If you’re wanting more hiking, head over to Borjomi. There’s several lookouts scattered around the city where you can get a great view of the town and breathe in some mountain air.

From Borjomi, make sure you also head to Vardzia to check out the 12th century cave monastery site carved into Erusheti Mountain.

It’s possible to take marshrutkas to Vardzia from Akhalisitke – which also has a cool, recently renovated fortress.

Entrance to Vardzia is 8 GEL ($3.20 USD) and the cost to enter the Akhalisitke fortress is 6 GEL ($2.40 USD).

You can also reach Vardzia and Borjomi on a day tour from Tbilisi.


If you’re craving more mountains after Mestia, then head to Kazbegi, located on the east side of Georgia.

Base yourself in the town of Kazbegi (also known as Stepmansminda) to enjoy views of 5,047 metre Mt Kazbek, the Gergeti Trinity Church and head up to the base of the Gergeti Glacier.

You can start the hike to the Gergeti Glacier from the centre of Kazbegi and it takes about 9 hours return.

It’s a steady uphill slog to the base of the glacier via the 14th century Gergeti Trinity Church. Take a break at the church and have a look inside. Women need to wear a skirt to go inside but you can borrow one at the entrance. Entrance is free.

From the church, head straight ahead and follow the footpad along, steadily gaining altitude.

Be prepared for trekking across snow, experiencing very cold and windy temperatures, and getting caught in hailstorms and white outs from low clouds and fog during this hike. Essentially, be prepared for every type of weather – so that means bring warm and wet weather gear.

Sadly I didn’t quite make it to the glacier due to an intense white out – but I did get this view.

The drive from Tbilisi to Kazbegi takes about three hours. You can catch a marshrutka for 10 GEL ($4 USD) or if you’re in a group of three or more, you may be also able to negotiate a more comfortable ride in a taxi for also for 10 GEL per person.

Other areas near Kazbegi worth seeing include the Truso and Juta valleys.

To get to these areas from Kazbegi, you can take a tour, hail a taxi or hitchhike.

If you’re travelling solo, your best option is to head out on a tour for 30 GEL ($12 USD) return. There’s a couple of agencies in Kazbegi that offer up tours to these nearby valleys.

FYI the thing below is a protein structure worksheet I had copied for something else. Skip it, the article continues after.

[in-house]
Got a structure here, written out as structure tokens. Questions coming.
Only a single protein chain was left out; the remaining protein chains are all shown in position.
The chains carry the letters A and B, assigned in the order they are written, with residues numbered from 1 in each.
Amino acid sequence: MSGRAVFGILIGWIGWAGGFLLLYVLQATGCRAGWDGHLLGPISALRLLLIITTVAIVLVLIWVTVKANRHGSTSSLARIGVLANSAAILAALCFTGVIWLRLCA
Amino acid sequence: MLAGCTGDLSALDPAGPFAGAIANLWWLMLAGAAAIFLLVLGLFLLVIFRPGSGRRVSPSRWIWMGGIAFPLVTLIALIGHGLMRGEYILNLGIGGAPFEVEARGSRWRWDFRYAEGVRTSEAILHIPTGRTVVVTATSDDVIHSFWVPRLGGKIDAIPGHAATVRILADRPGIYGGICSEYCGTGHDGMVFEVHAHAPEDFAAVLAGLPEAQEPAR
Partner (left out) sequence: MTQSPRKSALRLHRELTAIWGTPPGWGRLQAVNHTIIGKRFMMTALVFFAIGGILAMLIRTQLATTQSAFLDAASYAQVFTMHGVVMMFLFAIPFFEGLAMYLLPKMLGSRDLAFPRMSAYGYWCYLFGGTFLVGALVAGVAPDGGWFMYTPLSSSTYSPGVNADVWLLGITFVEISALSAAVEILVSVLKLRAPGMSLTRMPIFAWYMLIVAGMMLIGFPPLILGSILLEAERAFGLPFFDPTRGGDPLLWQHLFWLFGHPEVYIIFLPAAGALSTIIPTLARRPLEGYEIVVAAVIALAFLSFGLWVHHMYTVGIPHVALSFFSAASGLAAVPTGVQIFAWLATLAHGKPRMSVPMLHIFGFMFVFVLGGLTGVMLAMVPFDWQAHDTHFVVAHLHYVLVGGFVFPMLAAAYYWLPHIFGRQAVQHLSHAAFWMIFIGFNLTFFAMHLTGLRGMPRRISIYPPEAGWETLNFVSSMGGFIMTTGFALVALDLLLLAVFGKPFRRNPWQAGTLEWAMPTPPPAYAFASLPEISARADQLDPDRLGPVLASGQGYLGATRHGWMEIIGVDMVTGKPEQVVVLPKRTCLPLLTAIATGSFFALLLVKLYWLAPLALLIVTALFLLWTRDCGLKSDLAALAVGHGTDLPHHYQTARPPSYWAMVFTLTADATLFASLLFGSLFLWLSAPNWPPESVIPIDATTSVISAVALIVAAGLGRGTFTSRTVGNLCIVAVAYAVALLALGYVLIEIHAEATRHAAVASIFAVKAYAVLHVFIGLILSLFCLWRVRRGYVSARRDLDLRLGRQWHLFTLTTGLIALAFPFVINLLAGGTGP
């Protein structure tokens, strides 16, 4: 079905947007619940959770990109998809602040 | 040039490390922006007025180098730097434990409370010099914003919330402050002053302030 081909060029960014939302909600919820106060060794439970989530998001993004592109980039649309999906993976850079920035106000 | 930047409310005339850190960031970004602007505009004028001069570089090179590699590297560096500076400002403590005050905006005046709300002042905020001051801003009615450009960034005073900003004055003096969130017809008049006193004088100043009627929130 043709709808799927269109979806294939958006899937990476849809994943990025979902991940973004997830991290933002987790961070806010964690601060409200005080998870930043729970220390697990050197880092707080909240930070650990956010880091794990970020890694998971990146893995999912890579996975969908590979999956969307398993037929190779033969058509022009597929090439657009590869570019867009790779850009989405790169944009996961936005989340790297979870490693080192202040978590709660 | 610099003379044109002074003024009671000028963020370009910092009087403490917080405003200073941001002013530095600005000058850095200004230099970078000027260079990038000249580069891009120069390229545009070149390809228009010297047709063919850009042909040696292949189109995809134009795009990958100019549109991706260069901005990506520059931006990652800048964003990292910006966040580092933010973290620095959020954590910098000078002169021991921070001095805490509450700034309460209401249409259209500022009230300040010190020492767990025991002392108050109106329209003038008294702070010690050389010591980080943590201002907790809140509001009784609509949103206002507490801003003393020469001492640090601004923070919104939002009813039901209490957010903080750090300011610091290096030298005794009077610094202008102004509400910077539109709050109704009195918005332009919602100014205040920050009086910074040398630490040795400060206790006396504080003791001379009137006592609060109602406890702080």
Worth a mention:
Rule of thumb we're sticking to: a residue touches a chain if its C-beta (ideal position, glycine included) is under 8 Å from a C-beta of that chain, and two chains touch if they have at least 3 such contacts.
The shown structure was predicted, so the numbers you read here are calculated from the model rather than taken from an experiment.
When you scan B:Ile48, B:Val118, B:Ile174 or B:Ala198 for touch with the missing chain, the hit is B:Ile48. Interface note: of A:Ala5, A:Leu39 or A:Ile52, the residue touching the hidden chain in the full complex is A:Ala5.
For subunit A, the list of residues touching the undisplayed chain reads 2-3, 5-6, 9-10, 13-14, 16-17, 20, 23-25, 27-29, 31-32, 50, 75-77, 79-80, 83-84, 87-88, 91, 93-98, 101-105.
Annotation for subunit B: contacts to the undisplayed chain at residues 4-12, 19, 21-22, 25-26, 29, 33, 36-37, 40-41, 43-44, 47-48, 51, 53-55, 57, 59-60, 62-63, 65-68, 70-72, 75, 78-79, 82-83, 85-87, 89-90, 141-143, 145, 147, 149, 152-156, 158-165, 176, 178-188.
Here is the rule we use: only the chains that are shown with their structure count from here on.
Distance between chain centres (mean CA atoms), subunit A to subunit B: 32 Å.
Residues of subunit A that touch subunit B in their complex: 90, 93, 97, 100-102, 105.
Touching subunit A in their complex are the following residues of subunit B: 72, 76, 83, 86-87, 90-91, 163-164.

If you’re in a group of three or four, it’s cheaper to get a taxi. It will cost you anywhere between 60-100 GEL ($24-40 USD) return per car depending on your bargaining skills. Make sure you agree on the return price and duration of your hike (at least six hours, perhaps seven if you don’t enjoy blistering paces).

Truso Valley is located south of Kazbegi and access is from the village of Kvemro Okrokana. This is where taxis will drop you off.

The hike takes you through the Truso Valley along a dirt road. You pass a delicious mineral water spring featuring beautiful mineral rock formations. You will then pass a not-delicious but equally beautiful mineral water river that is very high in iron and tastes metallic. You’ll end at the ruins of an old fort on the border of the disputed region of South Ossetia.

There are only two places for water on this trip, so make sure to pack at least 1.5L and take a packed lunch. It is not a strenuous hike, but there’s no shade.

Make sure at least one of your hiking party takes a passport with them or the border patrol may not let you visit the fort to take photos. You’re not allowed to take photos in the direction of the disputed territory of South Ossetia.

Access to Juta is the same price as Truso, but it’s a bit of a longer and bumpier ride. You’ll drive through the Sno Valley, and get superb mountain and waterfall views on your way.

The hike is well marked and easy to follow. Continue past the spa resort you get dropped at, and then climb up the steep hill next to you. Twenty sweaty minutes later you will get to a peak sitting in the Juta Valley, and then one more hill and you arrive at a set of lodges.

You can stop at any one of the five lodges for a drink, a seat or a swing in a hammock, before continuing on uphill to a trio of lakes.

Along the way, you’ll see countless waterfalls, make a couple of river crossings, and see a small, crystal clear glacial lake.

All up the hike is a moderately difficult six-hour return hike – but budget extra time for a kachapuri and some hammock time.

Sighnaghi and the wine region

You can’t go to Georgia and not sample the wine. Georgia is so proud of its wine (and so they should be) you even get wine tastings in supermarkets to help you choose the right one for you.

Georgia has many wine regions – but the best one to visit is around the Telavi area.

You may also want to visit nearby Sighnaghi – which features a compact but beautiful old town.

The best way to see the wine region is on a tour. All tour agencies in Tbilisi offer wine tours. It’s also possible to get to Sighnaghi by marshrutka from the Isani metro station.